5. Rob Manfred

Commissioner of MLB

Saying that Manfred will impact MLB is like saying the president of the United States will impact American society. And that’s how it goes; for better or worse, Manfred dictates the league’s direction, policy and priorities. That’s the gig. But with Manfred’s recent announcement that he plans to step down at the end of his contract in 2027, it will be interesting to see if any buzz about his eventual successor percolates this season. Between that lurking dynamic, the Athletics’ messy move to Vegas, the Ohtani-Mizuhara gambling fiasco and 50,000 other things, Manfred is sure to have his hands full yet again.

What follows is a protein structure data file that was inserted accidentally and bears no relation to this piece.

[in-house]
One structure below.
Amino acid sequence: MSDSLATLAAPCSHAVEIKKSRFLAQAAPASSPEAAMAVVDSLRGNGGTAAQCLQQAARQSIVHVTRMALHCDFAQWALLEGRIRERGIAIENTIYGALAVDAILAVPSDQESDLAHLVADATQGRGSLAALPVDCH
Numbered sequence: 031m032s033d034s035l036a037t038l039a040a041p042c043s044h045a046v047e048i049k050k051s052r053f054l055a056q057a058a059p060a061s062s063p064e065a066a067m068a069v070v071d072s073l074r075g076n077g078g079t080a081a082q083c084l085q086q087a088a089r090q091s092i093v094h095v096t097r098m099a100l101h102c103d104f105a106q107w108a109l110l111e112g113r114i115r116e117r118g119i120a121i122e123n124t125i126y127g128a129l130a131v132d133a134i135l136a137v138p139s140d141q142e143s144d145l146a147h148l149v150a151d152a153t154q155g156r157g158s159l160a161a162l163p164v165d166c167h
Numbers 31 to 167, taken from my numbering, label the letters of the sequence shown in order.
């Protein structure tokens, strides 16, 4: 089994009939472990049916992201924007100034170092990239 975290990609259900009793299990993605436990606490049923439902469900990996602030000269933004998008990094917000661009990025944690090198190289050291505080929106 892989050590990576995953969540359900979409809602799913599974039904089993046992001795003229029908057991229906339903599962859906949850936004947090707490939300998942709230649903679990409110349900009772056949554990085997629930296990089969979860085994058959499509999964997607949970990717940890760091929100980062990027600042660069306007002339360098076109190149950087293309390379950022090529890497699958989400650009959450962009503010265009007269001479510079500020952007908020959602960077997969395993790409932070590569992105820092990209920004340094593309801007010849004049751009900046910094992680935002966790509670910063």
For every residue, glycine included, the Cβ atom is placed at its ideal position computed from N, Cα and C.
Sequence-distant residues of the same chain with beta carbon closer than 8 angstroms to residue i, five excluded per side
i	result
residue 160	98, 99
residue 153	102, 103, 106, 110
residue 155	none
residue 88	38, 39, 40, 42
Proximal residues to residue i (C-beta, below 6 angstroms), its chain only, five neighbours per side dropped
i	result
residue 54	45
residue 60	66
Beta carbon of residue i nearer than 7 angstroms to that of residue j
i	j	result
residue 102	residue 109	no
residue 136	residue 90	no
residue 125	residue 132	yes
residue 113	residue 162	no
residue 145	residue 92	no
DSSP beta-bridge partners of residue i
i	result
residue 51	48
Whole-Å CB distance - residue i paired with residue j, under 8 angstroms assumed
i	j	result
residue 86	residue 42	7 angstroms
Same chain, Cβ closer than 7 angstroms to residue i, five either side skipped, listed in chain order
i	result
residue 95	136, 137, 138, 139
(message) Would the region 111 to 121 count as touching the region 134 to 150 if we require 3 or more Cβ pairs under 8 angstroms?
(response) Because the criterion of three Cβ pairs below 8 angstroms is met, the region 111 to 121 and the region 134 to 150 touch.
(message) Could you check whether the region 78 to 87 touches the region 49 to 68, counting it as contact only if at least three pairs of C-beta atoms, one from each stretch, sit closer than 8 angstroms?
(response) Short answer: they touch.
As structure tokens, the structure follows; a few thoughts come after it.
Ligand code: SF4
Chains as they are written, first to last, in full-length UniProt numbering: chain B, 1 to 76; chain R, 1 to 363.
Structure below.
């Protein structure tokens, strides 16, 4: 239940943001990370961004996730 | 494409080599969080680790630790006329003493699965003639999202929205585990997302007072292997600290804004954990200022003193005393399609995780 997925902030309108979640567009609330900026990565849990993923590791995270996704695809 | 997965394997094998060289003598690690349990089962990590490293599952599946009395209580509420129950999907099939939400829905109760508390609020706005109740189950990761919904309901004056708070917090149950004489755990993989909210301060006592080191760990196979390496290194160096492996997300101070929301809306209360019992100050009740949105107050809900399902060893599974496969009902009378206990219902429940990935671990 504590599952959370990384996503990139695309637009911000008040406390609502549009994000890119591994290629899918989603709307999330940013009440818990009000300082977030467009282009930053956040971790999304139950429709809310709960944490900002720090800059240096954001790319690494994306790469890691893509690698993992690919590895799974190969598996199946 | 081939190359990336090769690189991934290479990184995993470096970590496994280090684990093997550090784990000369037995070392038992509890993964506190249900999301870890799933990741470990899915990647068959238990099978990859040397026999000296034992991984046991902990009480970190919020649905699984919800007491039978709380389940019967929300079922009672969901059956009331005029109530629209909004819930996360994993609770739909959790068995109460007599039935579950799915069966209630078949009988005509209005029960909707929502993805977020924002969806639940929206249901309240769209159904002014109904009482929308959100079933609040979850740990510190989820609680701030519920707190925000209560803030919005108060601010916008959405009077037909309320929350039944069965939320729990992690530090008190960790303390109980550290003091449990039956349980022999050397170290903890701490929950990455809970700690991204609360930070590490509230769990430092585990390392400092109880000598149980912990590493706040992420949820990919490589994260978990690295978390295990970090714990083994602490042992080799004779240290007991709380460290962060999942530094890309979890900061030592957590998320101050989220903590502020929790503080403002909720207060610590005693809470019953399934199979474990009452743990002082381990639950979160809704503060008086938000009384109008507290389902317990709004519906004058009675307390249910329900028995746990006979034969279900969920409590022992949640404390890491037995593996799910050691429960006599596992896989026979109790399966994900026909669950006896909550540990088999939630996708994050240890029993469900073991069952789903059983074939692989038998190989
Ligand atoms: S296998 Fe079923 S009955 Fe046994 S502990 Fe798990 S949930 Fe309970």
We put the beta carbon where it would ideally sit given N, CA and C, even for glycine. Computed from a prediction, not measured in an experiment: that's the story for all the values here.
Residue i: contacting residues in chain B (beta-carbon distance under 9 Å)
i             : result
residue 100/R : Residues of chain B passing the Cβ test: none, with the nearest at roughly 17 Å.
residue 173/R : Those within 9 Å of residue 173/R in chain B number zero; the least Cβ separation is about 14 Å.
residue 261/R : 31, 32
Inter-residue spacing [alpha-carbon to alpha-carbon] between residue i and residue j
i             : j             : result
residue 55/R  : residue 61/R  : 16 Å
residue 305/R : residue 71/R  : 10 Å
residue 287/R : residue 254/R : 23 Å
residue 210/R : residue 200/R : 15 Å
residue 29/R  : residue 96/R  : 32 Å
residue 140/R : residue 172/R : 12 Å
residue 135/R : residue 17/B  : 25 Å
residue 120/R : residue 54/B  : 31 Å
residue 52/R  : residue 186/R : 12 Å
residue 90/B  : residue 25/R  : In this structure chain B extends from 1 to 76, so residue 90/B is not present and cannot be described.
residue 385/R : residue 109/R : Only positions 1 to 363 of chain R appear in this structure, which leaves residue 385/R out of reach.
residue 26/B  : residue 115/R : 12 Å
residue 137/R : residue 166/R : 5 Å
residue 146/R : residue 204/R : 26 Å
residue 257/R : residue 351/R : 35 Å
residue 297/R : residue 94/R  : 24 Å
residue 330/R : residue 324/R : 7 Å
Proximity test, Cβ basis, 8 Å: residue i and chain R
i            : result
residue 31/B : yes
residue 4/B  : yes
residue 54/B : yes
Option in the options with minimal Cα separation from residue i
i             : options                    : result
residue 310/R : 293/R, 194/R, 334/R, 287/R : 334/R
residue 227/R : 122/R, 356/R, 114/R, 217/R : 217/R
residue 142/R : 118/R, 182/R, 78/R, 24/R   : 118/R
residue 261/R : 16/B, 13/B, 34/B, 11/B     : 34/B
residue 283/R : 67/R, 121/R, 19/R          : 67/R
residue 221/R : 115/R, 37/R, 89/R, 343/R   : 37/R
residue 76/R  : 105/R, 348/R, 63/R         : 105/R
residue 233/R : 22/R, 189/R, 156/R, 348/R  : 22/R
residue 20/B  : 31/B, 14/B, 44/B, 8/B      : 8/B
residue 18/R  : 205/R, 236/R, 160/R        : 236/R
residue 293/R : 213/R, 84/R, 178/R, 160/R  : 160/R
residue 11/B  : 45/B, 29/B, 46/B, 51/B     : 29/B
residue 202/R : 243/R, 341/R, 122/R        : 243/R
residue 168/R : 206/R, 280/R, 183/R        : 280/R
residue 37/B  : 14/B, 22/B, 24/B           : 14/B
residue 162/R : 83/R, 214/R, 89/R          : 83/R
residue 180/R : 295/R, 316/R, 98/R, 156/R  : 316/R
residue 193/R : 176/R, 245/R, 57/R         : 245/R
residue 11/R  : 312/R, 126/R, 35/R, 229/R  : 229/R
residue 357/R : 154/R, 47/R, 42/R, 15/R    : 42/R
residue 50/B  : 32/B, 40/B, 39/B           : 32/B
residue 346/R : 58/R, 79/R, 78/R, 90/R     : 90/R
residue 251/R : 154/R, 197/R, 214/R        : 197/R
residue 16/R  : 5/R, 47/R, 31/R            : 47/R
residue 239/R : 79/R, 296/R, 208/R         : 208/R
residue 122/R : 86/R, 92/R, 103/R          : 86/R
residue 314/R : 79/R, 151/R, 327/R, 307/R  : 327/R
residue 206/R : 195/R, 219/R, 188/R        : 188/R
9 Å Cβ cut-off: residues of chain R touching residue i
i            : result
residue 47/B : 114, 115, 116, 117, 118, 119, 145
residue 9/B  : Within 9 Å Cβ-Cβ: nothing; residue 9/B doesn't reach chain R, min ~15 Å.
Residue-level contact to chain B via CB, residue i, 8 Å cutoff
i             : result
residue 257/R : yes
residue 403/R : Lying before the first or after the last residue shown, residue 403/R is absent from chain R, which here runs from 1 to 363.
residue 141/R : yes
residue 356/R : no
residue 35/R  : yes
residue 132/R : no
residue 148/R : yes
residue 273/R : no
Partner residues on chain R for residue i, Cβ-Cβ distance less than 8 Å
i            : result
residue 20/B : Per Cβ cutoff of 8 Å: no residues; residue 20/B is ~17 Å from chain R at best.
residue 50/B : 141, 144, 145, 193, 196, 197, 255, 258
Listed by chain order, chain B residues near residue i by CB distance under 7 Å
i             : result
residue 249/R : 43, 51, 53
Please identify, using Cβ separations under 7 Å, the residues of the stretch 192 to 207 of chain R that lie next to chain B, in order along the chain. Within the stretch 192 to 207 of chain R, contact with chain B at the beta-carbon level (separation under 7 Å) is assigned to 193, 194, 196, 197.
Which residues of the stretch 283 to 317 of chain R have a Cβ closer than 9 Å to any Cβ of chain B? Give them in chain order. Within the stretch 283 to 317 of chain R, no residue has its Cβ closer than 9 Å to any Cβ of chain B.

4. Ippei Mizuhara

Former interpreter for Shohei Ohtani

After allegedly defrauding and misleading his close friend for more than a year, Mizuhara finds himself friendless and jobless, completely on an island. At this time last week, he didn’t even have legal representation. The allegations levied against the former Angels and Dodgers interpreter are serious and, if true, incredibly damning. But for now, the ball is in Mizuhara’s court. If he publically corroborates what Ohtani claimed at Monday’s news conference, it simplifies things moving forward. But if Mizuhara pivots once more and decides to deny and fight back, well, this thing could somehow get even uglier. Either way, expect to hear Mizuhara’s name time and time again as the season unfolds.

Braves starting pitcher